Headlines: Alarmism, Denialism and Flickering Coverage

In this blog post I will be analysing three ways in which headlines on the Daily Mail’s website have helped produce confusion and scepticism within their readership’s consciousness surrounding the issue of climate change. Although many of you will regard the Daily Mail as trashy (perhaps toxic), it is the 2nd largest online news outlet in the UK meaning that content on their website has the capacity to have a real impact on public opinion.

Headlines are really important because a lot of people will not have the time or be interested enough/bothered to read full articles – this means that the message in the headline is often the message that people take away with them.

Alarmist Headlines

Alarmist headlines are the first way in which confusion is produced. Such headlines are filled with emotive, quasi-apocalyptic language that provokes an emotional response in the reader. Examples of this include: ‘We’re f*****: Climate change will be catastrophic for mankind…‘ and ‘Climate change could lead to raging infernos throughout Europe…‘. Whilst the articles that sit below these headlines do reference data from reputable sources such as the World Meteorological Organization, the way in which the risk from climate change is framed in the headline is undoubtedly sensationalised.

Whilst you may think that such emotive headlines would prompt a sense of urgency in the reader, studies by researchers such as Susanne Moser and Lisa Dilling (2007) find the opposite. Such alarmism is found to lead to denial, apathy or even perverse reactive behaviour (e.g. excessive use of water ‘before it all runs out’). One likely reason why the Daily Mail runs such headlines in that they entice readers into clicking through to the article, meaning in many ways they act as ‘click bait’.


Denialist Headlines

These alarmist headlines are starkly contrasted by denialist headlines such as ‘There is NO climate crisis: Man-Made global warming is a lie and not backed up by science claims leading meteorologist’. Such headlines are invariably misleading and guilty of twisting facts. In this case the Daily Mail label the person saying this statement as a meteorologist (a scientist). This is a false and deliberately misleading assertion as this ‘meteorologist’ is in fact a TV weatherman with no scientific credentials whatsoever.

The problem with headlines like this lies with the fact that people tend not to be critical with what they read. This means that many readers will see this viewpoint as having substantial scientific backing, leading people to doubt the notion that climate change poses a risk to society. Indeed, if the headline said ‘…claims TV presenter’ then the effect on the reader would likely be very different. One likely impetus for running such denialist headlines is the creation of controversy, which tends to attract readers and translates into revenue for the media outlet.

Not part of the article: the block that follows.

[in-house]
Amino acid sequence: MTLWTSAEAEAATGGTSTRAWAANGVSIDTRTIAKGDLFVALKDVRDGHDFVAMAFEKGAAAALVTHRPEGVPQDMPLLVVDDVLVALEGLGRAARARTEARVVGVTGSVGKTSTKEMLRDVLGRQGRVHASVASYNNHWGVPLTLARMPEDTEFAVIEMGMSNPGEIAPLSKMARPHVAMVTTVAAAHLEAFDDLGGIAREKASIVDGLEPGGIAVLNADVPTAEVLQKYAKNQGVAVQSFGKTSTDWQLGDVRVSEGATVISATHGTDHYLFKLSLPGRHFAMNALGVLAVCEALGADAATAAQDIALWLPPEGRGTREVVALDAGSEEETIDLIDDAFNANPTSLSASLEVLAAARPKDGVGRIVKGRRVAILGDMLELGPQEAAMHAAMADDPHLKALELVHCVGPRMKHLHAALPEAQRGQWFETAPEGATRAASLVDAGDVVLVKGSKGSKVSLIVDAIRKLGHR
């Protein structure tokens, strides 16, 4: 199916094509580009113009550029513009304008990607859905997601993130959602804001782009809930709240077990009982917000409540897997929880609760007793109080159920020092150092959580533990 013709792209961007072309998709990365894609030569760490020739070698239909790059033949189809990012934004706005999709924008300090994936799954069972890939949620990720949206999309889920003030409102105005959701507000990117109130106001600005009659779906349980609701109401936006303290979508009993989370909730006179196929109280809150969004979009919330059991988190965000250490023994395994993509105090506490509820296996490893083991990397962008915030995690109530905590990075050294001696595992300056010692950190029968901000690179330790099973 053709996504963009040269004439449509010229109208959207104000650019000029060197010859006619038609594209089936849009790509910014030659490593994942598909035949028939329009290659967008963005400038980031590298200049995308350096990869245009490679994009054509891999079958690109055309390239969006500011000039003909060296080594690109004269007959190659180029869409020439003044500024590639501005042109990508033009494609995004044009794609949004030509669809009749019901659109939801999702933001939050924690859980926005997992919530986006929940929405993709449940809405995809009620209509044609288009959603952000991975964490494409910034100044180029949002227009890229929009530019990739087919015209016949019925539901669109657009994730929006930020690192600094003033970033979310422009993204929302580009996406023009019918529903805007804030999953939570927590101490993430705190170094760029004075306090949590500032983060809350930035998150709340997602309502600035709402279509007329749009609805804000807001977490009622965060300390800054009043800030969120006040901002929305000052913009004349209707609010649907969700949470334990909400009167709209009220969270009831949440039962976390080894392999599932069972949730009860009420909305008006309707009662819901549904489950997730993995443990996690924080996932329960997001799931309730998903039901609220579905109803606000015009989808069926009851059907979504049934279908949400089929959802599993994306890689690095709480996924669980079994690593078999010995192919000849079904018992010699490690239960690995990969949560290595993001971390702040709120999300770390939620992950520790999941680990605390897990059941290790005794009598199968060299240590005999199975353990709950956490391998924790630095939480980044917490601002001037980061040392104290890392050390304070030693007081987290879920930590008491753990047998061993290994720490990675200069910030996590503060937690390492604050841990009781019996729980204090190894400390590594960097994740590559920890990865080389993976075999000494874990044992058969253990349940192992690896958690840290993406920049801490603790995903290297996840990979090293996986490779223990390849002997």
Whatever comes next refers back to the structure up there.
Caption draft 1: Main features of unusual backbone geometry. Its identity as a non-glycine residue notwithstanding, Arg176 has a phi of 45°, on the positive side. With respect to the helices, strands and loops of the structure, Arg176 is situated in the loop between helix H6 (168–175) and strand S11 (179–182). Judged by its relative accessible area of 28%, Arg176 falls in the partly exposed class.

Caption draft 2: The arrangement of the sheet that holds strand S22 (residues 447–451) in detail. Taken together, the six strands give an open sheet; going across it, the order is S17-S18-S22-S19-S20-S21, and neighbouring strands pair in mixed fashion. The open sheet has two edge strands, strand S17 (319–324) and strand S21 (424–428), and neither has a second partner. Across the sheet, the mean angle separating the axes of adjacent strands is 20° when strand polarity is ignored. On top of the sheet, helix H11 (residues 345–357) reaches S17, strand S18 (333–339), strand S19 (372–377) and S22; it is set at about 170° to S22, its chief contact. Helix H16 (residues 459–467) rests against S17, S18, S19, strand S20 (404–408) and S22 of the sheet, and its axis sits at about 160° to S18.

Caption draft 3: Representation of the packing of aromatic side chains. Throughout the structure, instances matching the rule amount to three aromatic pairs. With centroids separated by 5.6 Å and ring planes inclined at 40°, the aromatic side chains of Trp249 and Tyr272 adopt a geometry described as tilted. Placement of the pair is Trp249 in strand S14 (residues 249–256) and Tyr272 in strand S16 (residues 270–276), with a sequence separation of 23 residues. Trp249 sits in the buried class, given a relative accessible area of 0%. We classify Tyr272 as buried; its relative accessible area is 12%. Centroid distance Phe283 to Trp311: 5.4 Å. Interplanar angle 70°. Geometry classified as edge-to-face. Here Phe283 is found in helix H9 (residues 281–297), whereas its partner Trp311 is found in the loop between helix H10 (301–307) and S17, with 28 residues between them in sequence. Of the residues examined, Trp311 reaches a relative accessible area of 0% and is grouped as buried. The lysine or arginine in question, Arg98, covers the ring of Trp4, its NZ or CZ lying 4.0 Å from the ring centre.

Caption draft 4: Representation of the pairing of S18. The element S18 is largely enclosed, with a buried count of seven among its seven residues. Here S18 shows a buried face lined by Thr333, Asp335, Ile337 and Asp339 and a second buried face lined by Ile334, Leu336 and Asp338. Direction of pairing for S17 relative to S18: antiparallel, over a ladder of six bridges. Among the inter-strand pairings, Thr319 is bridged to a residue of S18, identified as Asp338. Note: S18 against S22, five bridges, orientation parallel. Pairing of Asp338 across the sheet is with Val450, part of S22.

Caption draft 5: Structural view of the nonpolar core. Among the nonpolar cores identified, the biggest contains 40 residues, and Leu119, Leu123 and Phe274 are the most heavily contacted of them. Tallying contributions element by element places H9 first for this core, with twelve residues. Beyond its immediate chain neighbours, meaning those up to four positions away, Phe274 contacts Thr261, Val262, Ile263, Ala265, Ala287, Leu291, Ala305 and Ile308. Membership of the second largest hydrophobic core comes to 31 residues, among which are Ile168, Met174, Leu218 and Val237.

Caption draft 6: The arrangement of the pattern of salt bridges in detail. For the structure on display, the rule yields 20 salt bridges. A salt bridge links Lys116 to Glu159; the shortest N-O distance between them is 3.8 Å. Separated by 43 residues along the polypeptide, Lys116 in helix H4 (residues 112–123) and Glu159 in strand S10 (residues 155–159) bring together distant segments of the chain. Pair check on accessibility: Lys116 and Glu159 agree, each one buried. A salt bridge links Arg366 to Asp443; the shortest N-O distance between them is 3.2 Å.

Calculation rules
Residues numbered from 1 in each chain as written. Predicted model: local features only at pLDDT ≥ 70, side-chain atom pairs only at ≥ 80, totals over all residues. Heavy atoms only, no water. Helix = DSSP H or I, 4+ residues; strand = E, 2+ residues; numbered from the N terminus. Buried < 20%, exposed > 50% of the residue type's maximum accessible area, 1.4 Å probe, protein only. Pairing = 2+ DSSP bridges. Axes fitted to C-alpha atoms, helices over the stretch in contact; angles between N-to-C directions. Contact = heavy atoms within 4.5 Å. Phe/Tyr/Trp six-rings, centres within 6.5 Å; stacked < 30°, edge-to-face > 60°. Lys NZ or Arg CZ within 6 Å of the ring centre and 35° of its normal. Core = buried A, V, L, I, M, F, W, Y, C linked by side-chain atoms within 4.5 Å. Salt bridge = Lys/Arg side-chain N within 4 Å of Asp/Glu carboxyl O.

Flickering Coverage

Together these opposing viewpoints produce a pattern of what I will call here flickering coverage. On the surface this pattern may appear to be an odd form of balanced coverage drawing stories from both extremes of the spectrum. However, when we consider the effects of prolonged exposure to such coverage we see how this can create considerable confusion within the mind of the reader as to the state of the science.

This confusion by extension heavily reduces the perceived risk associated with climate change in the public consciousness. This has very real impacts in climate change risk mitigation decision-making at the government level, especially regarding emission reduction initiatives. This is because in a democracy, governmental decision-making and allocation of funds are highly sensitive to public opinion.

It is unclear whether this production of confusion is intentional or whether it is a result of the sensationalised style of the Daily Mail’s news coverage. If it is intentional then the tactic used is noteworthy as it contrasts the traditional approach of media outlets whereby an obvious line is taken on an issue, such as who they support in a general election. However, in this case the agenda of perpetuating climate confusion is more subliminally achieved and altogether more subtle. The driving force behind such an agenda would likely be the paper’s conservative slant.


I would like to stress that I know that there may be angles on some of the issues that I did not address and that there will be things that I say that people may not agree with. I must stress that this is a good thing and that I would like to encourage people to comment on any of the posts with opinions of their own on the matter.

Twitter: @ChristopherVos

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Moser, S. C., & Dilling, L. (Eds.). (2007). Creating a Climate for Change: Communicating Climate Change and Facilitating Social Change. Cambridge University Press.

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